Current Barriers to Blockchain Adoption


Blockchain technology is one of the most important technology trends that gained the most introductory buzz in 2020. It is a technology that seemed like it’d have changed the world immediately yet it seems like it is on a slow journey. A blockchain is a digital log of transactions that is duplicated and distributed across the blockchain’s complete network of computer systems. Each block in the chain contains several transactions, and each time a new transaction takes place on the blockchain, a record of that transaction is added to the ledger of each participant. Distributed Ledger Technology is a decentralized database that is administered by various people (DLT).



What does this mean for you?


This means that if a single block in a chain is modified, it will be immediately clear that the chain has been tampered with. This is a sure way to prevent insecurity on the public ledger data. To experience a security breach, hackers would have to change every block in the chain, across all distributed versions of the chain, if they intended to destroy a blockchain system which is almost very difficult and mostly impossible


Blockchains like Bitcoin and Ethereum are constantly growing as new blocks are added to the chain per second, increasing the security of the ledger dramatically.


This technology has been around for nearly a decade. It has taken centre stage around the world in recent times. There are numerous news pieces describing how it will transform the digital world and beyond. So are intelligent speculations on blockchain’s immense potential. Global Blockchain conferences and meet-ups have proliferated, with investors flocking to startups with even the flimsiest ties to the technology.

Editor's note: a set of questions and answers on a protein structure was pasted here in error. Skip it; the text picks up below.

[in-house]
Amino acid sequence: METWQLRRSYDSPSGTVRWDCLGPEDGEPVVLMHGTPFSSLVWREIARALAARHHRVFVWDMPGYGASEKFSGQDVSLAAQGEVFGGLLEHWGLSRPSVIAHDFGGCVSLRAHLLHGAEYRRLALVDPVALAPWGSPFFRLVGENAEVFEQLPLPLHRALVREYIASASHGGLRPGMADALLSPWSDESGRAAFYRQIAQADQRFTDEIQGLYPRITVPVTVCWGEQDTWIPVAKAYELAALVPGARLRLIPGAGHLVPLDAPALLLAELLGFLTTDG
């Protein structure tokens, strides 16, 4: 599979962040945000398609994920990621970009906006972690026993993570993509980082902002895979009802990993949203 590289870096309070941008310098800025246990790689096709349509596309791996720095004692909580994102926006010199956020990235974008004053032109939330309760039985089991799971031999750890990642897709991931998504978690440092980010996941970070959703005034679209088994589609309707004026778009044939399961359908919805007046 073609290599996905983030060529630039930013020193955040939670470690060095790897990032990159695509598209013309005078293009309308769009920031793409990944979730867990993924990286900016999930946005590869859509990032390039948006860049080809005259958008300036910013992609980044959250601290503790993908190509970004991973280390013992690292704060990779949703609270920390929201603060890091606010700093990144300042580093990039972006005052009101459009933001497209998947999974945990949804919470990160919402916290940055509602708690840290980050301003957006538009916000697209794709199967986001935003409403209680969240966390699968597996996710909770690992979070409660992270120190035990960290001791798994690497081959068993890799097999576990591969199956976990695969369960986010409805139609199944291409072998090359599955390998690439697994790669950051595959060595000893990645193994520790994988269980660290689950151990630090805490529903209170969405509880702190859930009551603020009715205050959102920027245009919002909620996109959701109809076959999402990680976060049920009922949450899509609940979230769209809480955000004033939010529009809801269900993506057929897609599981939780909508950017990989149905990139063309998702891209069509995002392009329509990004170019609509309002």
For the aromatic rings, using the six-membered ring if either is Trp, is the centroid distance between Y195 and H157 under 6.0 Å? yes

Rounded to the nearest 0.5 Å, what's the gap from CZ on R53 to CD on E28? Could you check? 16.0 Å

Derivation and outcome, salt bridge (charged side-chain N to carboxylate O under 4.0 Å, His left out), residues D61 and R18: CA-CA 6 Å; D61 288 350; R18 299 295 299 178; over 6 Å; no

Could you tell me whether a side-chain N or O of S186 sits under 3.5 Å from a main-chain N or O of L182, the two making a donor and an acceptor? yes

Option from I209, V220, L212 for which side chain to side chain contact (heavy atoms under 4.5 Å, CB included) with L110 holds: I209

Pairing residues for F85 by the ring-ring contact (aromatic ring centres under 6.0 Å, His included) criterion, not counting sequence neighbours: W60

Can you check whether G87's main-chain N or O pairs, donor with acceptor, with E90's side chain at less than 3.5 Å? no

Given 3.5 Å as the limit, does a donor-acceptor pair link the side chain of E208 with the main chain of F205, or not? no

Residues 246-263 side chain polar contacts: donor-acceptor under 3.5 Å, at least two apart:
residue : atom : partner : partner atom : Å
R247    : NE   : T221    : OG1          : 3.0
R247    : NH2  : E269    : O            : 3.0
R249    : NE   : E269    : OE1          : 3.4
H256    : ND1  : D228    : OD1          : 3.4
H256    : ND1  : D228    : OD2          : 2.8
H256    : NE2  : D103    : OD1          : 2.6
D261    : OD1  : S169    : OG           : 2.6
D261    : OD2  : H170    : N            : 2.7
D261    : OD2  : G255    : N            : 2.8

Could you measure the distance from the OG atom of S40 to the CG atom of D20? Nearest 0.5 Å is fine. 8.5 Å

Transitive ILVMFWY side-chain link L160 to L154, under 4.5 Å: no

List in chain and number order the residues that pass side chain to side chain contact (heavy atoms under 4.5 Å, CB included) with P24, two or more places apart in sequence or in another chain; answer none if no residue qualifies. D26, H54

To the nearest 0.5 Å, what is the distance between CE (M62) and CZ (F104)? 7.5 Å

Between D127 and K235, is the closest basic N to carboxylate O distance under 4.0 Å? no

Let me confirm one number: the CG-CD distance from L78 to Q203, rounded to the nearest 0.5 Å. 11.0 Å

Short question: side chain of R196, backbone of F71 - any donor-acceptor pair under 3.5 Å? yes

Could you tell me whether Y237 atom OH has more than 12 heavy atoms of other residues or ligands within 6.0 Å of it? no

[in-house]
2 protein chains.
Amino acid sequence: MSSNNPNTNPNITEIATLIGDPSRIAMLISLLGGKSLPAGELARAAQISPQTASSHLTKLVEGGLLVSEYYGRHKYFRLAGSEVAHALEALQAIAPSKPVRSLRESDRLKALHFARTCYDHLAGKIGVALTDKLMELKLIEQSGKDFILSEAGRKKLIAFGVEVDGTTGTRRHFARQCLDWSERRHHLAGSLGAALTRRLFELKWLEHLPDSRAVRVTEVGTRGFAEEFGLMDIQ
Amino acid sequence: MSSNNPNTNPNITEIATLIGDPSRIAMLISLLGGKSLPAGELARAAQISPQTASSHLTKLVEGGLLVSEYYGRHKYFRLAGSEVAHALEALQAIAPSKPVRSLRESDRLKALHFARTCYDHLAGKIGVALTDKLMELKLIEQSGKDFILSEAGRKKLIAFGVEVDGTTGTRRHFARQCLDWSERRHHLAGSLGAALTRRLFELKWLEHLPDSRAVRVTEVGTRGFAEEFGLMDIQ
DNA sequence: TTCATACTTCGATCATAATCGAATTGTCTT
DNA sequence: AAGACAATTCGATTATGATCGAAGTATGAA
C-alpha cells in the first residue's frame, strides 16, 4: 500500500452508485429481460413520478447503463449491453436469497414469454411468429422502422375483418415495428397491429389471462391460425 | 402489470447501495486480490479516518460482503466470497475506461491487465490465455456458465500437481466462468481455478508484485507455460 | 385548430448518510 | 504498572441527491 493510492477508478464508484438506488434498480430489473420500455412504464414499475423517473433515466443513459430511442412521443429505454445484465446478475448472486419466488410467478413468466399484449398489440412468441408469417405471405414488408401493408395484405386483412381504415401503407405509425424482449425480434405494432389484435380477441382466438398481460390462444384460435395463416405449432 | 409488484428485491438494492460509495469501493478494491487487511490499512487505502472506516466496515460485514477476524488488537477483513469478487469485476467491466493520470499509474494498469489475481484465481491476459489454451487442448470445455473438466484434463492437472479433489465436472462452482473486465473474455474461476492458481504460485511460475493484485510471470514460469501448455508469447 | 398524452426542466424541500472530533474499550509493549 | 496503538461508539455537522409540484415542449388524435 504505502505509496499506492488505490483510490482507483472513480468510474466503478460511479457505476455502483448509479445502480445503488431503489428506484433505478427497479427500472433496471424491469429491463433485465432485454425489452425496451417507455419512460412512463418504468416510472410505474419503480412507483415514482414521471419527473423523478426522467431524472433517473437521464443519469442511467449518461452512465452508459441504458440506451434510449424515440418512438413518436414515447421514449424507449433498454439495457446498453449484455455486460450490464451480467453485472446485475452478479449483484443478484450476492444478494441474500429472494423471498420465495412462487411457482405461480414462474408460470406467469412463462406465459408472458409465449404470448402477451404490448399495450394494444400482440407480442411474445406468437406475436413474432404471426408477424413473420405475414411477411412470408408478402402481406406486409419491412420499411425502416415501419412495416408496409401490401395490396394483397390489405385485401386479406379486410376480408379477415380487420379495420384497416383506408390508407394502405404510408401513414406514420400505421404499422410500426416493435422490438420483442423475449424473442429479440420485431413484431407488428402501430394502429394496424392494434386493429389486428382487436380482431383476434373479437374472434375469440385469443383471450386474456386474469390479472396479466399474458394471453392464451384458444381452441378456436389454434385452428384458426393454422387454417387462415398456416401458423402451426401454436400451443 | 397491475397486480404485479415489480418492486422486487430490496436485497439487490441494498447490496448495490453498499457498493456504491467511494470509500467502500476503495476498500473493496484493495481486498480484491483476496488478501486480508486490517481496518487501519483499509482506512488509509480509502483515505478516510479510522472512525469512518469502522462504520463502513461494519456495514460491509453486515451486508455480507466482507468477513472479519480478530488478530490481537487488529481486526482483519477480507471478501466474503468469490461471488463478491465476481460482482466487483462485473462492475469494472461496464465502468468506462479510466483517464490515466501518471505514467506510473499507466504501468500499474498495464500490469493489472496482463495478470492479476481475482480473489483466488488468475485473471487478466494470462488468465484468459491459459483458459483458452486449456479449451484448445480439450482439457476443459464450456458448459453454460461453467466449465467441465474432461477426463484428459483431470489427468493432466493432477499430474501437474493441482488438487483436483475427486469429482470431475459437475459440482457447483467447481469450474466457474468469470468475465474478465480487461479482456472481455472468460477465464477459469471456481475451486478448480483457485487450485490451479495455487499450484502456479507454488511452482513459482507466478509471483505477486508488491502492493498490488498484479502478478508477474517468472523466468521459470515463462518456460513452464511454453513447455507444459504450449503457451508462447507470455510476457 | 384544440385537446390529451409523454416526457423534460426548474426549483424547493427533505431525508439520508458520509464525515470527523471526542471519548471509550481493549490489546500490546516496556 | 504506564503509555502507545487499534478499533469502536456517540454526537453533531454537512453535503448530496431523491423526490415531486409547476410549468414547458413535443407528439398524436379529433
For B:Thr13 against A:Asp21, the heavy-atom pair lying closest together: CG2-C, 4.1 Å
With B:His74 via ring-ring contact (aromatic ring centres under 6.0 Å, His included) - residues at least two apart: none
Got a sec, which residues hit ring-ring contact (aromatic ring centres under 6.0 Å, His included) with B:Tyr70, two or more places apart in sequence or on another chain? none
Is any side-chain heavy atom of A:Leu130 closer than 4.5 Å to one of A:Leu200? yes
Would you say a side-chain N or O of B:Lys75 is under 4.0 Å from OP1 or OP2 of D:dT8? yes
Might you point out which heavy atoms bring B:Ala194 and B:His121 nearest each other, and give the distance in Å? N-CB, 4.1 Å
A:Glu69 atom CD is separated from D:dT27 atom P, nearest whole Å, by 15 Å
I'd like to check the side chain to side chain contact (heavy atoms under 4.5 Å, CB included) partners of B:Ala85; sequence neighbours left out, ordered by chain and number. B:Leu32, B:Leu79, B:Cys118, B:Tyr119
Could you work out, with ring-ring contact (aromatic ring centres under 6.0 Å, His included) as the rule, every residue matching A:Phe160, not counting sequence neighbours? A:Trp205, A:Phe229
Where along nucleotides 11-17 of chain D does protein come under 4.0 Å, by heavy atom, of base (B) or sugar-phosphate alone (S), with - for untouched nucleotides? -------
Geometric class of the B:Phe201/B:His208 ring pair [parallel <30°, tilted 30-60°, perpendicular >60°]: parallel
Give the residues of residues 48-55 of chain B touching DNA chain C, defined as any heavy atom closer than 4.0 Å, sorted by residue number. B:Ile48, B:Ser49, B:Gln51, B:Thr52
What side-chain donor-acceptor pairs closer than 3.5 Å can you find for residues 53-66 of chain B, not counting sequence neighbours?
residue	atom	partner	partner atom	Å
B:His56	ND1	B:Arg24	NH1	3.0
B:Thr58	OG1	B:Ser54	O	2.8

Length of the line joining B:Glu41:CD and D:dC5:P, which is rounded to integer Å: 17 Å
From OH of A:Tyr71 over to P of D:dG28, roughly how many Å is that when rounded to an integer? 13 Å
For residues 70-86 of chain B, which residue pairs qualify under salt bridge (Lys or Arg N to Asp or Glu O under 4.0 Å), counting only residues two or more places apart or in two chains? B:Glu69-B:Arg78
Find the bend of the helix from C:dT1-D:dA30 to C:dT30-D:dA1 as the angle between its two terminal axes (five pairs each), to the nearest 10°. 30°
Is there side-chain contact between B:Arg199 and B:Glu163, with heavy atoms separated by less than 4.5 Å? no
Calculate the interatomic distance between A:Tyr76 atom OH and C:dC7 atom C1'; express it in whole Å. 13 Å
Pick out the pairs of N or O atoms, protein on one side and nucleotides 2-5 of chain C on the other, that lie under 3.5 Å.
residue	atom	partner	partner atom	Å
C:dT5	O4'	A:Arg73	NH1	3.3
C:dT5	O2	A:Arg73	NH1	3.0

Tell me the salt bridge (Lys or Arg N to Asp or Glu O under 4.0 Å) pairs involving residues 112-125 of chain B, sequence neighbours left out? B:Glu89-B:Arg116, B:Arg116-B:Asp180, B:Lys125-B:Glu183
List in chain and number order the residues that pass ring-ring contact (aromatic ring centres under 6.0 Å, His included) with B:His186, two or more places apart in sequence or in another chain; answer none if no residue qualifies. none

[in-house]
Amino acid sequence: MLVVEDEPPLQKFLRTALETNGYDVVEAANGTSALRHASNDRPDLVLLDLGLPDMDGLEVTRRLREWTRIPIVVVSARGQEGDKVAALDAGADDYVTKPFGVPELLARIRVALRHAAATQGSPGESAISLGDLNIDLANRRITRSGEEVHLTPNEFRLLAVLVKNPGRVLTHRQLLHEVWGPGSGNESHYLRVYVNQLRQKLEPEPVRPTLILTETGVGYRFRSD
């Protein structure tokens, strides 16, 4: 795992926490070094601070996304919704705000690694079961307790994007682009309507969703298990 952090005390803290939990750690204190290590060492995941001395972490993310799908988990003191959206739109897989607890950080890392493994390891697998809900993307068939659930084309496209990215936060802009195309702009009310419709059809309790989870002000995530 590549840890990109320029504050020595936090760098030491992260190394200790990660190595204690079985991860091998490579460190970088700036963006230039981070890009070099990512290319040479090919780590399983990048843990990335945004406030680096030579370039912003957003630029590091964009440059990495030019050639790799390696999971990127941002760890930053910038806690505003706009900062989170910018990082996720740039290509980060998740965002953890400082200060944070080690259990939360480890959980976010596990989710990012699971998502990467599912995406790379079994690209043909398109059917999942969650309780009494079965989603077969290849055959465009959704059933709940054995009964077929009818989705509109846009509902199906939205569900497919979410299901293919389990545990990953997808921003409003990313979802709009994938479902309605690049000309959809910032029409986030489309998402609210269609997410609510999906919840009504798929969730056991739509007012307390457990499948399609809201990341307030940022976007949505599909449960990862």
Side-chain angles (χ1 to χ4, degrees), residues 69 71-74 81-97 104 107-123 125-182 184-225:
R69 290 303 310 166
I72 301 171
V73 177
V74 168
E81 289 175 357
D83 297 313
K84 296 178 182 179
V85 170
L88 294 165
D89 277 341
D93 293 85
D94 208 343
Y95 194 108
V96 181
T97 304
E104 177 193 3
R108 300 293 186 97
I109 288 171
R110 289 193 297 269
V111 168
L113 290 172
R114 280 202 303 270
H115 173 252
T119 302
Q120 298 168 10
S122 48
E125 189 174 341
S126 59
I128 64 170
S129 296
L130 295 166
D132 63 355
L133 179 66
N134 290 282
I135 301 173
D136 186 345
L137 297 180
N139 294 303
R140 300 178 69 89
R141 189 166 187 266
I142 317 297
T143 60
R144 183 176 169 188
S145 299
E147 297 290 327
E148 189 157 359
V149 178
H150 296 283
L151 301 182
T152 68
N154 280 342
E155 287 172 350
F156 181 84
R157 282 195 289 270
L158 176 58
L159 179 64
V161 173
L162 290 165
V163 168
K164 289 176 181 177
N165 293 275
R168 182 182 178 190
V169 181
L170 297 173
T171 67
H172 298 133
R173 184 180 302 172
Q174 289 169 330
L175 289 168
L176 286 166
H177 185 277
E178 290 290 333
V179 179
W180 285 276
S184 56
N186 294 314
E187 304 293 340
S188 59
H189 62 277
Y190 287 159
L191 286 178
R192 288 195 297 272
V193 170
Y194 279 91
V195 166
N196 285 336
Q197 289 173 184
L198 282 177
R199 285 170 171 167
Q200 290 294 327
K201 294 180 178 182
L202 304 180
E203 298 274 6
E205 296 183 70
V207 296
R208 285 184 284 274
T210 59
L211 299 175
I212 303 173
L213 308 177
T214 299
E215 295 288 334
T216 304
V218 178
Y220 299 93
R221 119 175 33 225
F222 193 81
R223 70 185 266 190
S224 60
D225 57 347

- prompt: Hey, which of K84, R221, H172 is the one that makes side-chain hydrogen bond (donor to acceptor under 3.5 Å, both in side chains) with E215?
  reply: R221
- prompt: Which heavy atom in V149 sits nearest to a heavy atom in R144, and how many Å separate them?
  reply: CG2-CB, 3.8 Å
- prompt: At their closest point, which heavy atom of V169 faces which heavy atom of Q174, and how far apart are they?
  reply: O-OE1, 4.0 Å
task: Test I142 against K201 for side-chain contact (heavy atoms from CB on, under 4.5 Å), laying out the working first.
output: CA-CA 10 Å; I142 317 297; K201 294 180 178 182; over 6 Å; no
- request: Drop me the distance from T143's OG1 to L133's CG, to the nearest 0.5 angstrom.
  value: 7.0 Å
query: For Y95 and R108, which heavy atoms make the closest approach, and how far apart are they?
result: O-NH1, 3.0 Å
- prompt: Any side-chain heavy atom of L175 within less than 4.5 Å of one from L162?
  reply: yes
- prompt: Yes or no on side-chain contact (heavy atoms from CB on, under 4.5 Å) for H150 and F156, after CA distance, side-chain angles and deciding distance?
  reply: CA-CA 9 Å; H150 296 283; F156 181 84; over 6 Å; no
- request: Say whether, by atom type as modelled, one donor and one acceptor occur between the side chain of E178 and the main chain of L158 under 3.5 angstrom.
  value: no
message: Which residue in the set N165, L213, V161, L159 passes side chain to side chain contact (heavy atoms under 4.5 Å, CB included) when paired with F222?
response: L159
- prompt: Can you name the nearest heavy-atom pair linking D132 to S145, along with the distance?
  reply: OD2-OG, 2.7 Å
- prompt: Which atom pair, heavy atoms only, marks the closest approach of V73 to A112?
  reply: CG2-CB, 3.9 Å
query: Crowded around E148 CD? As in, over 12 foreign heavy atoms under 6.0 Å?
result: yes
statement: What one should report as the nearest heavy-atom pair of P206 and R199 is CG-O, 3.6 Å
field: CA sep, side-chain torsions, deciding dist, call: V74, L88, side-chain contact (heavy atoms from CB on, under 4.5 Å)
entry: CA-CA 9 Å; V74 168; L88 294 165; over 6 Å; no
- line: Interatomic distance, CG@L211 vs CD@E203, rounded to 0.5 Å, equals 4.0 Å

Blockchain technology is now surrounded by a lot of buzzes. It is based on the notion that both public and private blockchains can automatically address the flaws in our current systems.


The Current State Of Blockchain Adoption? 


According to a 2017 Harvard Business Review, “virtually everyone has heard the claim that blockchain will revolutionize business and redefine companies and economies”. Yet the practical adoption of this technology has proven to be much slower than all the publicity would have suggested. Maybe politics and economics really don’t play the same way. 


Despite all of the fanfare around blockchain, the practical adoption of its technology has been much slower than expected. It’s past time to ponder why. The primary impediment to blockchain adoption is a lack of understanding of the technology. Many businesses avoid implementing technology because they lack adequate expertise about how to do it. 


For everyone, blockchain is uncharted ground, and many people’s apprehension about putting their trust in the system contributes significantly to the technology’s slow adoption. Most people are afraid of the unknown.


What barriers exist so far?